Royals to mark war centenary events
Three major national commemorative events, attended by members of the Royal family, will mark the centenary of the start of the First World War this August.
The events in Glasgow, Mons in Belgium, and London, form a key part of the Government's centenary programme and span the whole day on August 4 - the 100th anniversary of the date war was declared.
At 10am, a service at Glasgow Cathedral will reflect the Commonwealth contribution to the war, followed by a wreath-laying service at the Cenotaph in George Square where a commemorative plaque will also be unveiled.
The events will be attended by the Prince of Wales, and the cathedral service will be shown live in George Square.
At 7.30pm on August 4, the Duke and Duchess of Cambridge and Prince Harry will attend a commemorative event at the Commonwealth War Graves Commission St Symphorien Military Cemetery in Mons, Belgium.
The site, which was given to the German army by a Belgian landowner on the condition that the cemetery provided a resting place for the dead from both sides, contains the the graves of the first British soldier killed on the Western Front and the last British and Commonwealth soldiers killed before the Armistice, along with the first recipient of the Victoria Cross in the First World War.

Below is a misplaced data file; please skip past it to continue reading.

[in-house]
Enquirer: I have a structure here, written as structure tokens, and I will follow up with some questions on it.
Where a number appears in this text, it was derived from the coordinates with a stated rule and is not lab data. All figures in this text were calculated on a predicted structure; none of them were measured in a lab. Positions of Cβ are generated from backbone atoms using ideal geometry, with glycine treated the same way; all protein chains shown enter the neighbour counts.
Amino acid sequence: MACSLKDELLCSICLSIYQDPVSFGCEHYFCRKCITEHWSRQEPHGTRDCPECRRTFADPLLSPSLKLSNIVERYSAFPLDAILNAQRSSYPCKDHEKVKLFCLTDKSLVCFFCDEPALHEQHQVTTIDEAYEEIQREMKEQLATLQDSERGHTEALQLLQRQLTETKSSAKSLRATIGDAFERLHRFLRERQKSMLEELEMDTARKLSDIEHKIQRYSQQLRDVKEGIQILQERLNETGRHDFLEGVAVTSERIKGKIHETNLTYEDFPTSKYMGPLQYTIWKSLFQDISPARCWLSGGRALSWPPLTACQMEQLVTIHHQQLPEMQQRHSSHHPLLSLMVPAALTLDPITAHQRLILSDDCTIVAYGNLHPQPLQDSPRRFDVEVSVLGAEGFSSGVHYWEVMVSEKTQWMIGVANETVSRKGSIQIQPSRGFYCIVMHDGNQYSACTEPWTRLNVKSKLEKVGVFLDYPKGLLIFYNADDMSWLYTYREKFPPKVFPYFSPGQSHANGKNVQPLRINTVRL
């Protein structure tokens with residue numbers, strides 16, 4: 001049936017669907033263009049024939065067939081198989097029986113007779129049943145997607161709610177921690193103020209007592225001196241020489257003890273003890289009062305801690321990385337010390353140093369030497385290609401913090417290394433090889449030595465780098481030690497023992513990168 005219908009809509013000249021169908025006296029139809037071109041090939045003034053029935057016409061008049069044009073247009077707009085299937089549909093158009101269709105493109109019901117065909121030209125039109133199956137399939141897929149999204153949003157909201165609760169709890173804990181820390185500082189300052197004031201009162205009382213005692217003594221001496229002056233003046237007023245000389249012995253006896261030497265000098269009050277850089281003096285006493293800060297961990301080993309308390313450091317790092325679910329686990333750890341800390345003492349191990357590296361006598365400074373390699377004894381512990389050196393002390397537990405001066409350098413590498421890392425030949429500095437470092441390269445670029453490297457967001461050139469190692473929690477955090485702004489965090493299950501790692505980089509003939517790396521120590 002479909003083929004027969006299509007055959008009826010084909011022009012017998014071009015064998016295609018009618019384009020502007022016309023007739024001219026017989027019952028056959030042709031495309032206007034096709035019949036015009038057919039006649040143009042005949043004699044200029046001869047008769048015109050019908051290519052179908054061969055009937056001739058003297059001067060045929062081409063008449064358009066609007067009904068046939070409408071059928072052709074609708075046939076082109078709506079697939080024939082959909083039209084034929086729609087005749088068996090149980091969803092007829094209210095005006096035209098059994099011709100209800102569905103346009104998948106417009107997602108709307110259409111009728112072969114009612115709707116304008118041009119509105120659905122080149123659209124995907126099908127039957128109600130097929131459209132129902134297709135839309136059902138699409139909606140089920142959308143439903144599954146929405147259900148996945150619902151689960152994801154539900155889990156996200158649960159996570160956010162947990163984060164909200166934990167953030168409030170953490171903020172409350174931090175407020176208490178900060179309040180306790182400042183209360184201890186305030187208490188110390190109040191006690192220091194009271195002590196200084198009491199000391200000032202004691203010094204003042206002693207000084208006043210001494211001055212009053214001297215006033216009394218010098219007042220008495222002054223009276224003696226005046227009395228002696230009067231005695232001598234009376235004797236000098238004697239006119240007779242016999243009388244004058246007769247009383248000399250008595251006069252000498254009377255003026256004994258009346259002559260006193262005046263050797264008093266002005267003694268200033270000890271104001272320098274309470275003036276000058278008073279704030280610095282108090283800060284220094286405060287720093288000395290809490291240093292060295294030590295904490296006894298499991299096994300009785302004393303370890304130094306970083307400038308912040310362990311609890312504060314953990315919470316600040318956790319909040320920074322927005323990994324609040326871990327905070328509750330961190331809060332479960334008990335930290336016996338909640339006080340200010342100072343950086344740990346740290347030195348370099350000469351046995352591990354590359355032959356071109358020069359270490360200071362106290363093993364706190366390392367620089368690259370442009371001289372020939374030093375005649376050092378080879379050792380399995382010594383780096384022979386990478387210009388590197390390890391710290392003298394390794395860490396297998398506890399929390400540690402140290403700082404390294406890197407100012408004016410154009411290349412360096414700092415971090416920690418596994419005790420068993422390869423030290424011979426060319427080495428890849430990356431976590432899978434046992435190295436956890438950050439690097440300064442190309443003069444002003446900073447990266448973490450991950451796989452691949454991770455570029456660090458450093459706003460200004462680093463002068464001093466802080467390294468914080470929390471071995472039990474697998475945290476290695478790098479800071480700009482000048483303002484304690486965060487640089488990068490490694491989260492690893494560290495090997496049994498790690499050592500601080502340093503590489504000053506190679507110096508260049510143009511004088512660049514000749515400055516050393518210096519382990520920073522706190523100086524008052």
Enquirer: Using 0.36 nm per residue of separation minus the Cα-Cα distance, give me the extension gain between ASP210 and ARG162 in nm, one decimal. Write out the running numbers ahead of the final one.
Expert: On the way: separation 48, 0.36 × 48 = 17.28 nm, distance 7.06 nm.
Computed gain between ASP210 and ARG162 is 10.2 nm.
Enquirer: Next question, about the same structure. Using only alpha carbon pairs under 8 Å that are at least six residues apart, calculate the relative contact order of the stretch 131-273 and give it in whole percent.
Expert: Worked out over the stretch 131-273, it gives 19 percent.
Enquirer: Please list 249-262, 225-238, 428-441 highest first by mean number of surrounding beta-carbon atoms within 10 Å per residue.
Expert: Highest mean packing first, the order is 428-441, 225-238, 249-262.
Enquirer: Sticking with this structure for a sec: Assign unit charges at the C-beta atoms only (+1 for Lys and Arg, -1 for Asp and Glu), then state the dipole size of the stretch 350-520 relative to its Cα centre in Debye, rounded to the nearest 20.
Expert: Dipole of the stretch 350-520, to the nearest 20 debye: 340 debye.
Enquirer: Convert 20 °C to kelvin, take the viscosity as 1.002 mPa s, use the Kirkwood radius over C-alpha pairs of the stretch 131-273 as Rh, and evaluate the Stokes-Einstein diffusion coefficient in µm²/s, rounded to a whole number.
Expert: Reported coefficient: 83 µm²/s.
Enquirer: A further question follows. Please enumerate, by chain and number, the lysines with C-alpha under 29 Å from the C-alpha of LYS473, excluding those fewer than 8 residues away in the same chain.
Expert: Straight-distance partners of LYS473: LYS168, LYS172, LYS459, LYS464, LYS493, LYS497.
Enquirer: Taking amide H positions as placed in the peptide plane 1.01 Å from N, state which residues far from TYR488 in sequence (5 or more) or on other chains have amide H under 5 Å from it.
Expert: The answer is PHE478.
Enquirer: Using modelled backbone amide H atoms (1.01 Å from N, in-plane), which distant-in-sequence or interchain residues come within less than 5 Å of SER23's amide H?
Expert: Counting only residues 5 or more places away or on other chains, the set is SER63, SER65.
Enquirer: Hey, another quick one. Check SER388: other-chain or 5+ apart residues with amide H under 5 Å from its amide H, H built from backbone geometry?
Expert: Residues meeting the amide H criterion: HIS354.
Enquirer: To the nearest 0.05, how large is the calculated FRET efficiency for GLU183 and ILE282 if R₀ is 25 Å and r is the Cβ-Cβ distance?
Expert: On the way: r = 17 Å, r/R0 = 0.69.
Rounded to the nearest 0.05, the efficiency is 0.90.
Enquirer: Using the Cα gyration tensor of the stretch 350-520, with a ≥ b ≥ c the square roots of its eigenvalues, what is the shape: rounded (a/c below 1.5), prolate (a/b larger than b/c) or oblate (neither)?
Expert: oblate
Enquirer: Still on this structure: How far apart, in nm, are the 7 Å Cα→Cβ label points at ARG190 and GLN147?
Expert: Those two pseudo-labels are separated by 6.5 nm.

The twilight event for around 500 guests has been organised in partnership with the CWGC, which looks after 23,000 sites across 153 countries, and w ill be based around music, poetry and readings.
And at 10pm, a candlelit vigil at Westminster Abbey, which will include the gradual extinguishing of candles, will be attended by the Duchess of Cornwall.
The final candle will be extinguished at 11pm - the exact time that Britain joined the First World War - and the vigil will end with the cathedral in darkness except for a single light on the grave of the unknown warrior.
Anglican churches around the UK will also be participating, along with other faith groups, to complement the event in London, including services at St Anne's Cathedral in Belfast and Llandaff Cathedral, Wales.
The services are part of a wide series of events that will mark 100 years since the Great War.
Culture Secretary Sajid Javid said: "The First World War fundamentally changed the world. It also took the lives of millions of people all over the world, and left still more with disabling injuries.
"So it is absolutely right that we mark its centenary and that we put remembrance at the heart of this commemoration.
"We have created a programme of events that will help everyone in Britain, especially the young, understand and appreciate what's happened, and the ultimate sacrifice that so many made during that time."